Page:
Childhood Vaccinations

Childhood vaccines are the best way to prevent the spread of infectious disease. Vaccines defend us against disease by working with our bodies’ immune system. The American Academy of Pediatrics recommends that children get combination vaccines rather than single vaccines whenever possible. Many diseases that were once prevalent are now at the lowest levels in decades because of the community protection vaccination offers.

Immunizations (vaccines) use a small amount of a killed or weakened germ to stimulate the immune system to react as if it were fighting a real infection. The body builds up immunities to the infection and then can fight off the real germ if it enters the body later.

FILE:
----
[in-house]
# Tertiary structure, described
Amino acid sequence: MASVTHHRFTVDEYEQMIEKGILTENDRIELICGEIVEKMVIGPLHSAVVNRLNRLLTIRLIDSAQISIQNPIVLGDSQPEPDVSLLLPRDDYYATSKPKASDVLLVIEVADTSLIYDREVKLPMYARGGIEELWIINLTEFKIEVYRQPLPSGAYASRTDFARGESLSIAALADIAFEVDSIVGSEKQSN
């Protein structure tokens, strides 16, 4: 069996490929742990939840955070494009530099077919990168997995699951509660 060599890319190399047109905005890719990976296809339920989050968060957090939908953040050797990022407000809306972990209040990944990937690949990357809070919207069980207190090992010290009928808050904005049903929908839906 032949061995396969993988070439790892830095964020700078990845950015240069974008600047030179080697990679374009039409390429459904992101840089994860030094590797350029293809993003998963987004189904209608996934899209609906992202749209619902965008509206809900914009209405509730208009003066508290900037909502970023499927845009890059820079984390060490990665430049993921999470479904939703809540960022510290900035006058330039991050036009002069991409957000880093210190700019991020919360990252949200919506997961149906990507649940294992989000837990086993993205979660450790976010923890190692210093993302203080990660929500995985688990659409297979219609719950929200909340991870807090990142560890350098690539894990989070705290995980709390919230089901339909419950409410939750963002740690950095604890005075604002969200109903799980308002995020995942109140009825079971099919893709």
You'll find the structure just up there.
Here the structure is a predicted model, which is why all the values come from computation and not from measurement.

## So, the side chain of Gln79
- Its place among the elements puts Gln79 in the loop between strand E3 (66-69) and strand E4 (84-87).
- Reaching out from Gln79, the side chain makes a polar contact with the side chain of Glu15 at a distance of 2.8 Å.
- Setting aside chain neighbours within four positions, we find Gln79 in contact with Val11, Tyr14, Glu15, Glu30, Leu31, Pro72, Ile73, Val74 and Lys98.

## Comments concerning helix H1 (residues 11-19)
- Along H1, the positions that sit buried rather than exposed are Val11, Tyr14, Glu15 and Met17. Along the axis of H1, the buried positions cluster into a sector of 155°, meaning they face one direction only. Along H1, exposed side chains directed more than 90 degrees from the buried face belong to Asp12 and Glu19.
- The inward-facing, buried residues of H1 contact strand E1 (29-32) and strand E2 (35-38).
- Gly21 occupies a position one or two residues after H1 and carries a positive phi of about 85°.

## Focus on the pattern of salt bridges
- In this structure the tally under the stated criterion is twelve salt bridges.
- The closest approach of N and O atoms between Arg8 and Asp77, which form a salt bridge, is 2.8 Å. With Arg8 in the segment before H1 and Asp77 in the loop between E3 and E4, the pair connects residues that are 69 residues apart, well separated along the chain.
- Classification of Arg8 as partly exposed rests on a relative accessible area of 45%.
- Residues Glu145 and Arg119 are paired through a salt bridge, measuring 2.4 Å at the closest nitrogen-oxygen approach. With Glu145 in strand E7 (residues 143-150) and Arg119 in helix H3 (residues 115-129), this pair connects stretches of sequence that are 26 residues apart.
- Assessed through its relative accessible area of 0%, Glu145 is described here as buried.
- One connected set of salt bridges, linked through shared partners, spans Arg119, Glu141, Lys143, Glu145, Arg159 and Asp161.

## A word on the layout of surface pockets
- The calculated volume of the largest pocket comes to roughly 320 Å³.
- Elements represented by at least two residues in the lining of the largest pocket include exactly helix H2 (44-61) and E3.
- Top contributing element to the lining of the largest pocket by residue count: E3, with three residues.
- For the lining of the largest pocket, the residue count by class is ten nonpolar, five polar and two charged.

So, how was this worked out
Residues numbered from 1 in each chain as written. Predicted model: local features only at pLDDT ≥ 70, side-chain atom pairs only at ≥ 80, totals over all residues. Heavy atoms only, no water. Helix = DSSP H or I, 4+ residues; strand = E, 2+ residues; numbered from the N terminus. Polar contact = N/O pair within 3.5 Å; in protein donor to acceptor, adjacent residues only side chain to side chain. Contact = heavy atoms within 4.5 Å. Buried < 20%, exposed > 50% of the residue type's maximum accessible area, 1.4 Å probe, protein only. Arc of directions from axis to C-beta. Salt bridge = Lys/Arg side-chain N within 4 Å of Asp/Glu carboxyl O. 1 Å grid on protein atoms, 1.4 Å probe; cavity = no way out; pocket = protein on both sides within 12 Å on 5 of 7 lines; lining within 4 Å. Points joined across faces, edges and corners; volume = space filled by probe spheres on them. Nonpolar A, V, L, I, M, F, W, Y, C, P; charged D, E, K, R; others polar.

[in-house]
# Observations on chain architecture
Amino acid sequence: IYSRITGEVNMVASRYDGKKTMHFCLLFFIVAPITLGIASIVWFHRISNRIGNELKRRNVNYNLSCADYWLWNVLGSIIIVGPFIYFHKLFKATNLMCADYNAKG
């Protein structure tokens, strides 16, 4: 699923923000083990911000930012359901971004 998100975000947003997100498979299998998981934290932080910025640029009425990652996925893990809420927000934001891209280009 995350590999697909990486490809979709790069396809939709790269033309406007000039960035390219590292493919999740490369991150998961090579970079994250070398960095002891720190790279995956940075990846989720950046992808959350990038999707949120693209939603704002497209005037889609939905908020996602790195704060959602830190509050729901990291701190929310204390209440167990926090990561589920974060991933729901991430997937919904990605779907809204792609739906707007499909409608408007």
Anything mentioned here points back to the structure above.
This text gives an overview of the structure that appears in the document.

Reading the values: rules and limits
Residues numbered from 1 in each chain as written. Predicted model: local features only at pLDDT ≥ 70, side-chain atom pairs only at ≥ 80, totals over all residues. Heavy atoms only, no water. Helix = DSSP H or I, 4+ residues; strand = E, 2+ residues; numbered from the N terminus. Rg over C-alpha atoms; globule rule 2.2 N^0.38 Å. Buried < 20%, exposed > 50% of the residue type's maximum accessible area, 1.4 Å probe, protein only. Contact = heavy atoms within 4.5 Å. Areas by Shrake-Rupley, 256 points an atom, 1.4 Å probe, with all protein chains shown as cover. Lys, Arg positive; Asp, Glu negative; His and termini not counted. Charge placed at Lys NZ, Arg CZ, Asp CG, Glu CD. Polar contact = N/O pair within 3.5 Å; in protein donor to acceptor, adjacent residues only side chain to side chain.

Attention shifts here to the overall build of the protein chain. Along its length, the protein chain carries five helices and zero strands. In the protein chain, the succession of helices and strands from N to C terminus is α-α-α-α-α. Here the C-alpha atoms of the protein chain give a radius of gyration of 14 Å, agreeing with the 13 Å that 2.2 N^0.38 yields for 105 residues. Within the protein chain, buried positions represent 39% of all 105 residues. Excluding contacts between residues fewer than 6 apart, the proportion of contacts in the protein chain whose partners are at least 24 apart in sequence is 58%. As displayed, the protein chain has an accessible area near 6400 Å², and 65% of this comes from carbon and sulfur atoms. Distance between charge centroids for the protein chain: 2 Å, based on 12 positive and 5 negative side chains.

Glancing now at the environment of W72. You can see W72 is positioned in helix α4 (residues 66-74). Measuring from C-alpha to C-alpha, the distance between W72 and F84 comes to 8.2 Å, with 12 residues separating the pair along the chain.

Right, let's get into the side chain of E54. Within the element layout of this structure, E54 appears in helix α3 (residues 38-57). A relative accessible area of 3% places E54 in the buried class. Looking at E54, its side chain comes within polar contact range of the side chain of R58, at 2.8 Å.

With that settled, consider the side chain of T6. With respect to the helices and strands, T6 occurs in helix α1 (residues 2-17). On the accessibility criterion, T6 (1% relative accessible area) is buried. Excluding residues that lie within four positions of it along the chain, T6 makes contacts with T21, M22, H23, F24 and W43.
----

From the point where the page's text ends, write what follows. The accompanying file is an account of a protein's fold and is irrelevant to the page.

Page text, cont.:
There are a few different types of commonly offered vaccines; weakened or attenuated vaccines use live viruses such as the MMR (measles, mumps and rubella) vaccine. Inactivated vaccines use killed viruses or bacteria. Toxoid vaccines contain toxins produced by the bacteria, such as diphtheria and tetanus vaccines. Conjugate vaccines such as Hib contain parts of bacteria combined with proteins.

Some vaccines may cause mild reactions such as soreness or a low fever. Serious reactions to vaccines are rare and the risk of reaction is very low compared to the health risks of catching the diseases that vaccines prevent.

Vaccine preventable diseases are still around us. They can be highly contagious and cause permanent disability or death. At MHC Healthcare, we encourage families to come in for all vaccinations timely and as recommended.

For more information, call (520) 682-4111